China has implemented comprehensive online real-name registration rules, which require Internet users to disclose their identities. Chinese national law has required most online service providers to implement real-name registration since 2012. This article uses the real-name registration rules to illustrate the supremacy and limitations of the Network Authoritarian Model (NAM), an approach leveraging corporate resources for political surveillance and occasionally adopted by the Chinese party-state. By addressing the evolution of real-name registration rules in China, this article illustrates the party-state’s gradual efforts in both eliminating cyberspace anonymity and etching Chinese characteristics on the architecture of the Internet. Although the Chinese government has faced serious challenges in enforcing the real-name registration policy and current enforcement is far from satisfactory, China is not alone in promoting such a policy. Major Internet companies, including Google, Facebook, and LinkedIn, have expressed similar interests in requiring users to register their real names. Moreover, policymakers in developed and developing countries are exploring similarly themed regulations and China, therefore, may well be in the vanguard of the global movement for online real-name registration. Nonetheless, requiring real-name registration in China has not only created huge costs for Internet companies, but also given rise to fierce controversy associated with free speech, privacy, and law enforcement. In this article, we identify several important legal and policy implications of the Chinese real-name registration policy. We also illustrate the foremost predicament currently faced by the Chinese party-state in enforcing the policy. This analysis argues that China may create a “spillover effect” in jurisdictions outside China as well as in the global Internet architecture.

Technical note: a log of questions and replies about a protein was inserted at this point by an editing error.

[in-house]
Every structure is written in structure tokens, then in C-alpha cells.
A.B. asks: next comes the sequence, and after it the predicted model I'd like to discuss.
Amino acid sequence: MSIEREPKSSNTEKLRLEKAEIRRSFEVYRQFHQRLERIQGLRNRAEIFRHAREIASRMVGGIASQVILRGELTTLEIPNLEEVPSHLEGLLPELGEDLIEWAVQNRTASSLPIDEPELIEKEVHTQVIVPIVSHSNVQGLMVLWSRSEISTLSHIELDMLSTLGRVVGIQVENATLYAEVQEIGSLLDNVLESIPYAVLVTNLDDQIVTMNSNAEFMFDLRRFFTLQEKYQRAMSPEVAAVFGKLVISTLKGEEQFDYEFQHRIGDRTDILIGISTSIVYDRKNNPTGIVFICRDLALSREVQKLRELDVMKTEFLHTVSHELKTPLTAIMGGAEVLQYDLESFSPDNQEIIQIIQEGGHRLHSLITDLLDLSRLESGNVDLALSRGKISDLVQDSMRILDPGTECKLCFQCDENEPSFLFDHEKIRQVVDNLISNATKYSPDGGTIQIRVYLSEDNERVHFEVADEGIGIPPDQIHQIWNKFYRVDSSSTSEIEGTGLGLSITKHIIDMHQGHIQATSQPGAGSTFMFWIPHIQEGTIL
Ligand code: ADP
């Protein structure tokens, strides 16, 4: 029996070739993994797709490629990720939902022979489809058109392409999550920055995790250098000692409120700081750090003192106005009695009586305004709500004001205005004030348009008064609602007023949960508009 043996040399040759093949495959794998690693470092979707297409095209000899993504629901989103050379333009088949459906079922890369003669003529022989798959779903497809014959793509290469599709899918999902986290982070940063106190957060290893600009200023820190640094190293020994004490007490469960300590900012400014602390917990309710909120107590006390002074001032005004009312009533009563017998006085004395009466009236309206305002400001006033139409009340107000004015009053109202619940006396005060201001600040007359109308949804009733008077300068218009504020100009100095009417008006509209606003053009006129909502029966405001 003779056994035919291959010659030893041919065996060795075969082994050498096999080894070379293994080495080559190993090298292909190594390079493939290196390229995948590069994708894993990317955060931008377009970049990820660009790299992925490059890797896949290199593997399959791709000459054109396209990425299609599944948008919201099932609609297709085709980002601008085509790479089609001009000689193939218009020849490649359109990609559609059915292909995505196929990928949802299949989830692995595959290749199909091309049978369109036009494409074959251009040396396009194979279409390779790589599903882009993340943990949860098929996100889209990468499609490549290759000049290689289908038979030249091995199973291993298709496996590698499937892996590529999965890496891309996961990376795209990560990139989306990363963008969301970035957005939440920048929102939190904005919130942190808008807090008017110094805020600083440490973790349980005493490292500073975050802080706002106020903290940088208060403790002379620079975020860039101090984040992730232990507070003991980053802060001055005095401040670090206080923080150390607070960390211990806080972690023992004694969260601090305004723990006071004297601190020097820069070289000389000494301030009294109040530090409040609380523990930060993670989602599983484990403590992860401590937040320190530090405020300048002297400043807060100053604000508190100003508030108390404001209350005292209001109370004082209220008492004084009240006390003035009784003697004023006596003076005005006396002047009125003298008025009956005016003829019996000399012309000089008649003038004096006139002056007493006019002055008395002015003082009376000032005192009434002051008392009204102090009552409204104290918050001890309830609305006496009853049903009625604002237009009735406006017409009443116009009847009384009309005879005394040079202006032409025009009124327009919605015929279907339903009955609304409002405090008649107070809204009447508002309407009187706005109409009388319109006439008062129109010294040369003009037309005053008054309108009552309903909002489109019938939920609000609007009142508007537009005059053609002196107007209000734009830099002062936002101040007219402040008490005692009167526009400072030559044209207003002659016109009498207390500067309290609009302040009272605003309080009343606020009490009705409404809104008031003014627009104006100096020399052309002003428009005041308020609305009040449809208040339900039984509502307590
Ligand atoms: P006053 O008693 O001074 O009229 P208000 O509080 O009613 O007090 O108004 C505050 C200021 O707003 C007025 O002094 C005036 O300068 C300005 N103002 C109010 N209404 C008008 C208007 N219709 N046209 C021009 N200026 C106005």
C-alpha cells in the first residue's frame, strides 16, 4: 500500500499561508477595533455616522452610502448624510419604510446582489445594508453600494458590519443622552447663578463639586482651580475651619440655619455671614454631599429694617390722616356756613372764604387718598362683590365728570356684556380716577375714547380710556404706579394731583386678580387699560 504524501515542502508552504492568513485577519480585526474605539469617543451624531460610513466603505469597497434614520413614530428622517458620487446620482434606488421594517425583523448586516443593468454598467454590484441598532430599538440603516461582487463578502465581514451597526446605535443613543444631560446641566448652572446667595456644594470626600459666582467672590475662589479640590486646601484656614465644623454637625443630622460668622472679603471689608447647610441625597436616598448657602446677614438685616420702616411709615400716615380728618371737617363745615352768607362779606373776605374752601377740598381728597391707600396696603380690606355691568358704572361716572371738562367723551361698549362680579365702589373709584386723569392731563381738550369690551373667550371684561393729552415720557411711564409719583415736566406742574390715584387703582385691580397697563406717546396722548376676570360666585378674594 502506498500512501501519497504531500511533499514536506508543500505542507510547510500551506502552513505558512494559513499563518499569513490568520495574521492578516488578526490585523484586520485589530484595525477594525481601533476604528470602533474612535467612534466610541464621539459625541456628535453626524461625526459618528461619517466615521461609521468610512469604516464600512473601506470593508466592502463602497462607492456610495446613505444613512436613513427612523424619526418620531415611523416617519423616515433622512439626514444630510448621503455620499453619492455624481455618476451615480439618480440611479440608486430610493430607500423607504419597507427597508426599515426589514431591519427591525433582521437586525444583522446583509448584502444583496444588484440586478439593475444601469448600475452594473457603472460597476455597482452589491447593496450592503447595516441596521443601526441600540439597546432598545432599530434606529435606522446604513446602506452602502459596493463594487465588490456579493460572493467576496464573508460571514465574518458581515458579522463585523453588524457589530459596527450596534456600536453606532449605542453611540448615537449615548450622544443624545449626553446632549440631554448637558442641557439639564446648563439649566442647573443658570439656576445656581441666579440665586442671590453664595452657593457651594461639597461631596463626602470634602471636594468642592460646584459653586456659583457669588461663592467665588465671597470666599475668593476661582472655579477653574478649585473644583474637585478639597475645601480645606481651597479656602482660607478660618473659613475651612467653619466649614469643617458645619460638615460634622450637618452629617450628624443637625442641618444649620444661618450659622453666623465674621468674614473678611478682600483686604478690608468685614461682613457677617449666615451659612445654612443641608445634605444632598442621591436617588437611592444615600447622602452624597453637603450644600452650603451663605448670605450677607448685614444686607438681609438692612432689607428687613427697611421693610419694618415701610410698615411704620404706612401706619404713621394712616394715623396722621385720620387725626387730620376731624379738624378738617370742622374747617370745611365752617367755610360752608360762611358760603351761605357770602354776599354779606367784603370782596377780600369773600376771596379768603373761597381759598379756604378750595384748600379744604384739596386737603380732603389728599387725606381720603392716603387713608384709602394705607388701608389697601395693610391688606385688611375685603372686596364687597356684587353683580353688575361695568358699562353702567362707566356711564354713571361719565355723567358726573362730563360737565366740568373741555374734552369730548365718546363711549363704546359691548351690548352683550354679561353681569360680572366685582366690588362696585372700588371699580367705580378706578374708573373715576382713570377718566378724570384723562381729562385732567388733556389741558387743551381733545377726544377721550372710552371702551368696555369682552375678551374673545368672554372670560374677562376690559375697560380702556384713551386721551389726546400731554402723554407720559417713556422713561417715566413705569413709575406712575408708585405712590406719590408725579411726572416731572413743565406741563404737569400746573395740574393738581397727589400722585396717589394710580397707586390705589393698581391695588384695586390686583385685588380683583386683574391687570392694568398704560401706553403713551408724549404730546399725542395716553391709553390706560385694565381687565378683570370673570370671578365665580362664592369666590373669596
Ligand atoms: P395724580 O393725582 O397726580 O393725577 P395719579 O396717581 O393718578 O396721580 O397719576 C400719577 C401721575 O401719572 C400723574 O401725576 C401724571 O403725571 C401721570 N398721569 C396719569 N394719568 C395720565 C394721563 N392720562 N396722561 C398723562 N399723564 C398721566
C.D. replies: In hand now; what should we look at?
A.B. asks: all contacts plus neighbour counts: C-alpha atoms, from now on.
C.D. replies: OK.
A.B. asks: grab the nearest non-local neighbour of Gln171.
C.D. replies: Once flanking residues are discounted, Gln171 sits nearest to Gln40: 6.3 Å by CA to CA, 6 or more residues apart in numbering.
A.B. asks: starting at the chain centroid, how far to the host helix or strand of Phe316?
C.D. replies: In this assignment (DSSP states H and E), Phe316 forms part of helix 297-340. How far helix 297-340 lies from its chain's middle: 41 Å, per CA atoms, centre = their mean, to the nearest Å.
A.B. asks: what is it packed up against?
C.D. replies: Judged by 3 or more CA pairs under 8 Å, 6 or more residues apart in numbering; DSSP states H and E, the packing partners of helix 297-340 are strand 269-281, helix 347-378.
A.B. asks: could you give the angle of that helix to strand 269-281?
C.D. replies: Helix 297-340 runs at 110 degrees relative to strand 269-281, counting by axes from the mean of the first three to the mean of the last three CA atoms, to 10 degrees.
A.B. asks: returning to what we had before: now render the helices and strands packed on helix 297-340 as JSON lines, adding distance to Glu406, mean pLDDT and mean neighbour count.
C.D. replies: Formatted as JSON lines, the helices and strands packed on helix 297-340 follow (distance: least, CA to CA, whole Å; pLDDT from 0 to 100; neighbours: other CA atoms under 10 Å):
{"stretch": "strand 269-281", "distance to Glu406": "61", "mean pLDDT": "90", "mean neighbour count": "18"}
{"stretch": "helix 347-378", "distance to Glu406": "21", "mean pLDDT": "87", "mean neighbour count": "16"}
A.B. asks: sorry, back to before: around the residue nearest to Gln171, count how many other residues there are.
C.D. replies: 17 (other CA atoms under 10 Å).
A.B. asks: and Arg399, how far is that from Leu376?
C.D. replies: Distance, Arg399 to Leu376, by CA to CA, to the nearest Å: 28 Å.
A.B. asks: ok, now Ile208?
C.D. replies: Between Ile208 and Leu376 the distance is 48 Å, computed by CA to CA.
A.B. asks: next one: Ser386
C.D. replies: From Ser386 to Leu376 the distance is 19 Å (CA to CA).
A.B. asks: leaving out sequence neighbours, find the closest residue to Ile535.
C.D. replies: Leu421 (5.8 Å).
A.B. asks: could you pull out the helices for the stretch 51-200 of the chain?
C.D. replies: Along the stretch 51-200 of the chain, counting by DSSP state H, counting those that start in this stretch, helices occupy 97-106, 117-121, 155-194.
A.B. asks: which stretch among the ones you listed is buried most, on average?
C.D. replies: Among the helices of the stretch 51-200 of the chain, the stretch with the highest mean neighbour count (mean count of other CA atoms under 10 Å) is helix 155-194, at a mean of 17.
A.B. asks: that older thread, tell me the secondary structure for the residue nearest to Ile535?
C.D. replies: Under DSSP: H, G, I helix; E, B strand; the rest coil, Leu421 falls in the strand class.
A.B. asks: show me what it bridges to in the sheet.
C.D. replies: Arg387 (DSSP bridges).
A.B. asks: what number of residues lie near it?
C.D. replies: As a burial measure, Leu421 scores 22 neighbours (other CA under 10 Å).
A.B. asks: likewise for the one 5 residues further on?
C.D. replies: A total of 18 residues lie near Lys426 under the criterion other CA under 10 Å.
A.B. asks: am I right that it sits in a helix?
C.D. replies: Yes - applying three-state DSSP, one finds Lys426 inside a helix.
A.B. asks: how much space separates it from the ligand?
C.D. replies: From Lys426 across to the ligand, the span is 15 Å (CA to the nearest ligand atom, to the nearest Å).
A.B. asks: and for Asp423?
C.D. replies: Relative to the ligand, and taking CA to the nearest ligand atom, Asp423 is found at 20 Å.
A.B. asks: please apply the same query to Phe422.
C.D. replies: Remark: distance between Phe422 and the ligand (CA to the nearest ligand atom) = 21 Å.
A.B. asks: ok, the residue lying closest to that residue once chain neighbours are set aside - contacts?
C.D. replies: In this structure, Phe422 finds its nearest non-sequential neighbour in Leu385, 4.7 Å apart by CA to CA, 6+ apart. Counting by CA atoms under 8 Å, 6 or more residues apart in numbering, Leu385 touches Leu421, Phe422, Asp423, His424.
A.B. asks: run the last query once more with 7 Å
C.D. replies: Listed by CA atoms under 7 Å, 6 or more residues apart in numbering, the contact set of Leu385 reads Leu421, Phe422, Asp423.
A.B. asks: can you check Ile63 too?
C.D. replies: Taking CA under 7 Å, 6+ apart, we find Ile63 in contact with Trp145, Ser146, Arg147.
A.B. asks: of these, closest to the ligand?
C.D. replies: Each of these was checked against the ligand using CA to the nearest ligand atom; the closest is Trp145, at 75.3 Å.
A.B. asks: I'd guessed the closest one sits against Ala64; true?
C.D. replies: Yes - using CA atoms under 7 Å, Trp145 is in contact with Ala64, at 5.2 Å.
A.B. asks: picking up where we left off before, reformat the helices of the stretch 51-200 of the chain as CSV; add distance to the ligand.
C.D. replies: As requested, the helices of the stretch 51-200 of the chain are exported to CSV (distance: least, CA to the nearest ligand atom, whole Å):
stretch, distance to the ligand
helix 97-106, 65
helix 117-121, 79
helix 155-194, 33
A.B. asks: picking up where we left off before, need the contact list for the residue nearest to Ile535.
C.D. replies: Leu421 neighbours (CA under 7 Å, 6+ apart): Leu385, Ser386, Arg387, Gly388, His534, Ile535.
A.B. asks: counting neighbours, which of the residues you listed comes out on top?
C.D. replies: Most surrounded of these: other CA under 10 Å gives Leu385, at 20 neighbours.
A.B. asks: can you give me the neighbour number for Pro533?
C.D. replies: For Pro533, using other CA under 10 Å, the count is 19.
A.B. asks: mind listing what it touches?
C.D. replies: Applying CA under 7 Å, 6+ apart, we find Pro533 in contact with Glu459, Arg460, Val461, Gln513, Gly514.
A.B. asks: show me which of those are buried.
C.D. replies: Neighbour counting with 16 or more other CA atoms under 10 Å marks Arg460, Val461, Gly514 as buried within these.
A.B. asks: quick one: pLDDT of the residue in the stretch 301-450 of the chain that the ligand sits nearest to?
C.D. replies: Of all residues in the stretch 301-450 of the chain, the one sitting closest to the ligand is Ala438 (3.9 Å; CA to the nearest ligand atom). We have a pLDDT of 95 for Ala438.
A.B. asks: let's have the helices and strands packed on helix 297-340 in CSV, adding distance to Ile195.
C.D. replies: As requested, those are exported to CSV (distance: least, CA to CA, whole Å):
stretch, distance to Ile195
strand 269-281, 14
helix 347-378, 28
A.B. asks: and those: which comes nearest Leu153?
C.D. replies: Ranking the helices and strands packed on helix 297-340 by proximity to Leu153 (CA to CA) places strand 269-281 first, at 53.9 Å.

Jyh-An Lee & Ching-Yi Liu,
Real-Name Registration Rules and the Fading Digital Anonymity in China,
25 Wash. L. Rev.
Available at: https://digitalcommons.law.uw.edu/wilj/vol25/iss1/3